Lewis Barbe Expert Witness - Guidrey Case

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Lewis Barbe was knowledgeable before entering his field as an expert and has invested energy at three distinct colleges; Pennsylvania State, Illinois Institute of Technology, and the University of Iowa.

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896 So.2d 164. 2004-325 La.App. 3 Cir. 1 2 / 2 9/04 Cite as: 896 So.2d 164 2004-325 La.App. 3 Cir. 12/29/04 H Court of Appeal of Louisiana. Third Circuit. Julie GUIDRY. et al. v. COREGIS INSURANCE COMPANY et al. No. 04-325. Dec. 29 2004.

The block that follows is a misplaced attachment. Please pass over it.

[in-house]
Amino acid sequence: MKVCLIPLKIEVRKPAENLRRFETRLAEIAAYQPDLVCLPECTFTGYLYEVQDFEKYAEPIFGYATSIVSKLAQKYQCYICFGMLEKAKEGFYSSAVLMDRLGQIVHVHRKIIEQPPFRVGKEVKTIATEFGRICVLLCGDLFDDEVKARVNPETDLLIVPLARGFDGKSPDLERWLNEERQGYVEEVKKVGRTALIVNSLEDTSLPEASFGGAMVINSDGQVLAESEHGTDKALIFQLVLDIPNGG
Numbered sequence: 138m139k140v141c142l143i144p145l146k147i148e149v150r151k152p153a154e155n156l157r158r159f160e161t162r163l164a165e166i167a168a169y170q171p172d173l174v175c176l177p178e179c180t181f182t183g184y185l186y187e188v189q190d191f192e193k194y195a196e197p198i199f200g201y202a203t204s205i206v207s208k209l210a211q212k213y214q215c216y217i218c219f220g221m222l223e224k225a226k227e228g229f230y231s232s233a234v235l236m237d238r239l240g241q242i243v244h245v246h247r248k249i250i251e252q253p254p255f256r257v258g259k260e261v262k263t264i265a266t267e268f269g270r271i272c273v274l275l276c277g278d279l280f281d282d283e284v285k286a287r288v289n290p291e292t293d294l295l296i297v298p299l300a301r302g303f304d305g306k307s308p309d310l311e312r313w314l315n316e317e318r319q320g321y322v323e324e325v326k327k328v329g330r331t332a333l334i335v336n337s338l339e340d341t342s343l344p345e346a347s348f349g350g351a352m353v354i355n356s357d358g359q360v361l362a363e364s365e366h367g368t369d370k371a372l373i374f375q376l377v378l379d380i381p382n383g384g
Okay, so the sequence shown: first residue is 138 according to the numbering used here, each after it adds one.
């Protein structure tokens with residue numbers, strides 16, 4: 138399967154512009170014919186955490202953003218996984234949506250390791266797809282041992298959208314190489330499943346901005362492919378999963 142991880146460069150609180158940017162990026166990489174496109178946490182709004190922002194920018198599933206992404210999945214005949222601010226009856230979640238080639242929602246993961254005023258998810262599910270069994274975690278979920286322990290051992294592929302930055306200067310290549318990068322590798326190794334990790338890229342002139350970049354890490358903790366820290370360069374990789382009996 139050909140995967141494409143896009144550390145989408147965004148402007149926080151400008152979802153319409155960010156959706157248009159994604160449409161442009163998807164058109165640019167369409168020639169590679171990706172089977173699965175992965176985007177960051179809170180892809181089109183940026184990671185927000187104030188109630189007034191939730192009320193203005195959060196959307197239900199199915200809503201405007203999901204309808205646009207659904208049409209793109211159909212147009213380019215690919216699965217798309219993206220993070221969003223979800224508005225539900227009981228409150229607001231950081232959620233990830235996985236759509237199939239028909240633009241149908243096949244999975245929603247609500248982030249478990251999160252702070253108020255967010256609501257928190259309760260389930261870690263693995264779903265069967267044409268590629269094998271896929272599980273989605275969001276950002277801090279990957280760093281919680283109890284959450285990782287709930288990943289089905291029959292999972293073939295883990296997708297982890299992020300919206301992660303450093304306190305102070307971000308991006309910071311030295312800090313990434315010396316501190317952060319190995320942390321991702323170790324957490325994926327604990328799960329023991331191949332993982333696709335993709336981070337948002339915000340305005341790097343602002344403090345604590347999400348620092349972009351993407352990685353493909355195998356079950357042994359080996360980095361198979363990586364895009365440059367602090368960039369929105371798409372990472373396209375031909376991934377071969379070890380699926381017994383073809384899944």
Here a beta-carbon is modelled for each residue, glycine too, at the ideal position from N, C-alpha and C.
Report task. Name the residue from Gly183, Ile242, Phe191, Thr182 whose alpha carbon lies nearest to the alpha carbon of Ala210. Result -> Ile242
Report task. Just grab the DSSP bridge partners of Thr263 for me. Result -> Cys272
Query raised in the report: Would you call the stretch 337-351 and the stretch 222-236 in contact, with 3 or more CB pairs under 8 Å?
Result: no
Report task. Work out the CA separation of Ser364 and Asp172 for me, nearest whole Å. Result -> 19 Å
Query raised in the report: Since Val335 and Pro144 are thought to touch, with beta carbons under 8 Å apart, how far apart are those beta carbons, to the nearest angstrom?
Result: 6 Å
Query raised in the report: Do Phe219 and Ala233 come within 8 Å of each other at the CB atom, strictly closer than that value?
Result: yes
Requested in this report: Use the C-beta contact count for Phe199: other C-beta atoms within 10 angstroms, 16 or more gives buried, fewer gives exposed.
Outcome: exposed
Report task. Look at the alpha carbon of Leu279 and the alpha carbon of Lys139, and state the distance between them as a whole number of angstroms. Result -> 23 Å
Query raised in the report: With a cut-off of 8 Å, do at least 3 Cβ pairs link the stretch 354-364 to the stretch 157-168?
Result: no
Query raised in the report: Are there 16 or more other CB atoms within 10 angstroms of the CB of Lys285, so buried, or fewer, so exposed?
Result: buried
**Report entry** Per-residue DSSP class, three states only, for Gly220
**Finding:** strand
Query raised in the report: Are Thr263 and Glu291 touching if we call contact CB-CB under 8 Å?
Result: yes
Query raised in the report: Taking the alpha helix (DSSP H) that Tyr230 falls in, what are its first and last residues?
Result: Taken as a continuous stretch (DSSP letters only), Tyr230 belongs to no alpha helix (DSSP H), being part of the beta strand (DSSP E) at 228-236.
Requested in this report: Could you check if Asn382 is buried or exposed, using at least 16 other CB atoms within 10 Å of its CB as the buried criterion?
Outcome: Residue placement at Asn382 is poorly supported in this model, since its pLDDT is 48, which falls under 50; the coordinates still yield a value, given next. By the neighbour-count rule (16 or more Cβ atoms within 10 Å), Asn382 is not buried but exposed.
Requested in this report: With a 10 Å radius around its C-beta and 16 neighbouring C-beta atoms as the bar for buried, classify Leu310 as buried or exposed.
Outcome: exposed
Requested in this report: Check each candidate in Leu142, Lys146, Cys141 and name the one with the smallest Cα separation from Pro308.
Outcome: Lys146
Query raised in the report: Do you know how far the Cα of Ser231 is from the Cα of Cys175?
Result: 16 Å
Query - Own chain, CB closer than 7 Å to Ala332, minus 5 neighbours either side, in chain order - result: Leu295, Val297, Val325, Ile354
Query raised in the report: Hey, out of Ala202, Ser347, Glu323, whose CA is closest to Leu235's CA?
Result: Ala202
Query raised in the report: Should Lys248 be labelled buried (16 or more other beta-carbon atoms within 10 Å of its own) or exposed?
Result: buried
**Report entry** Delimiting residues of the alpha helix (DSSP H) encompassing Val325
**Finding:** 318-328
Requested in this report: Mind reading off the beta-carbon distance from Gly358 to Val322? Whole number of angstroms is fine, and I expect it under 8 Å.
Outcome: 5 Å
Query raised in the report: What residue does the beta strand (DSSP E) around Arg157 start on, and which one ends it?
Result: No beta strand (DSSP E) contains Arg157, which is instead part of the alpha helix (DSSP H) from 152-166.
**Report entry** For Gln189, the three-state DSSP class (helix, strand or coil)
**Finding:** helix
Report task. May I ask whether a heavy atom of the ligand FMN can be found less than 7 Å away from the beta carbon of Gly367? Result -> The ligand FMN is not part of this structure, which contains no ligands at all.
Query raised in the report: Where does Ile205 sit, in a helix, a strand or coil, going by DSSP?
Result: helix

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Background: Widow for herself and on behalf of her children brought legal malpractice action against attorneys for allowing cause of action for wrongful death of her husband who was electrocuted while repairing a sign. to prescribe. Following a jury verdict the Fourteenth .1u-dicial District Court Parish of Calcasieu. No. 98-4848 Michael Canada \ . J.. granted plaintiffs a judgment not- withstanding the verdict JNOV reallocating fault among the potential defendants in underlying case. All parties appealed. Holdings: The Court of Appeal Woodard J.. held that: 1 whether aerial ladder husband was using was unreasonably dangerous in design because bucket was not insulated and whether lack of insulation was a proximate cause of husbands death were issues for the jury: 0 whether owner of truck stop that requested signs be repaired breached its duty to not expose widows husband to unreasonable risks of harm and whether husband would not have died but for such breach were issues for the jury: .3.4 whether sign company who had employed widows husband breached its duty under the Workers Compensation Law and whether husband would not have died but for such breach were issues for the jury: 4. evidence was sufficient to support jurys allocation of fault to parties who would have been the defendants in the underlying action: .5 child who was not a biological child of widows husband could not recover wrongful death and survivor benefits: o evidence was sufficient to support award of 350.000 for husbands past wages and loss of earning capacity: and t7f award of 10000 for husbands pre- death pain and suffering was so low in proportion to the injury that it shocked the conscience and award of 75000 was the lowest reasonable amount. Affirmed in part as amended reversed in part. and rendered.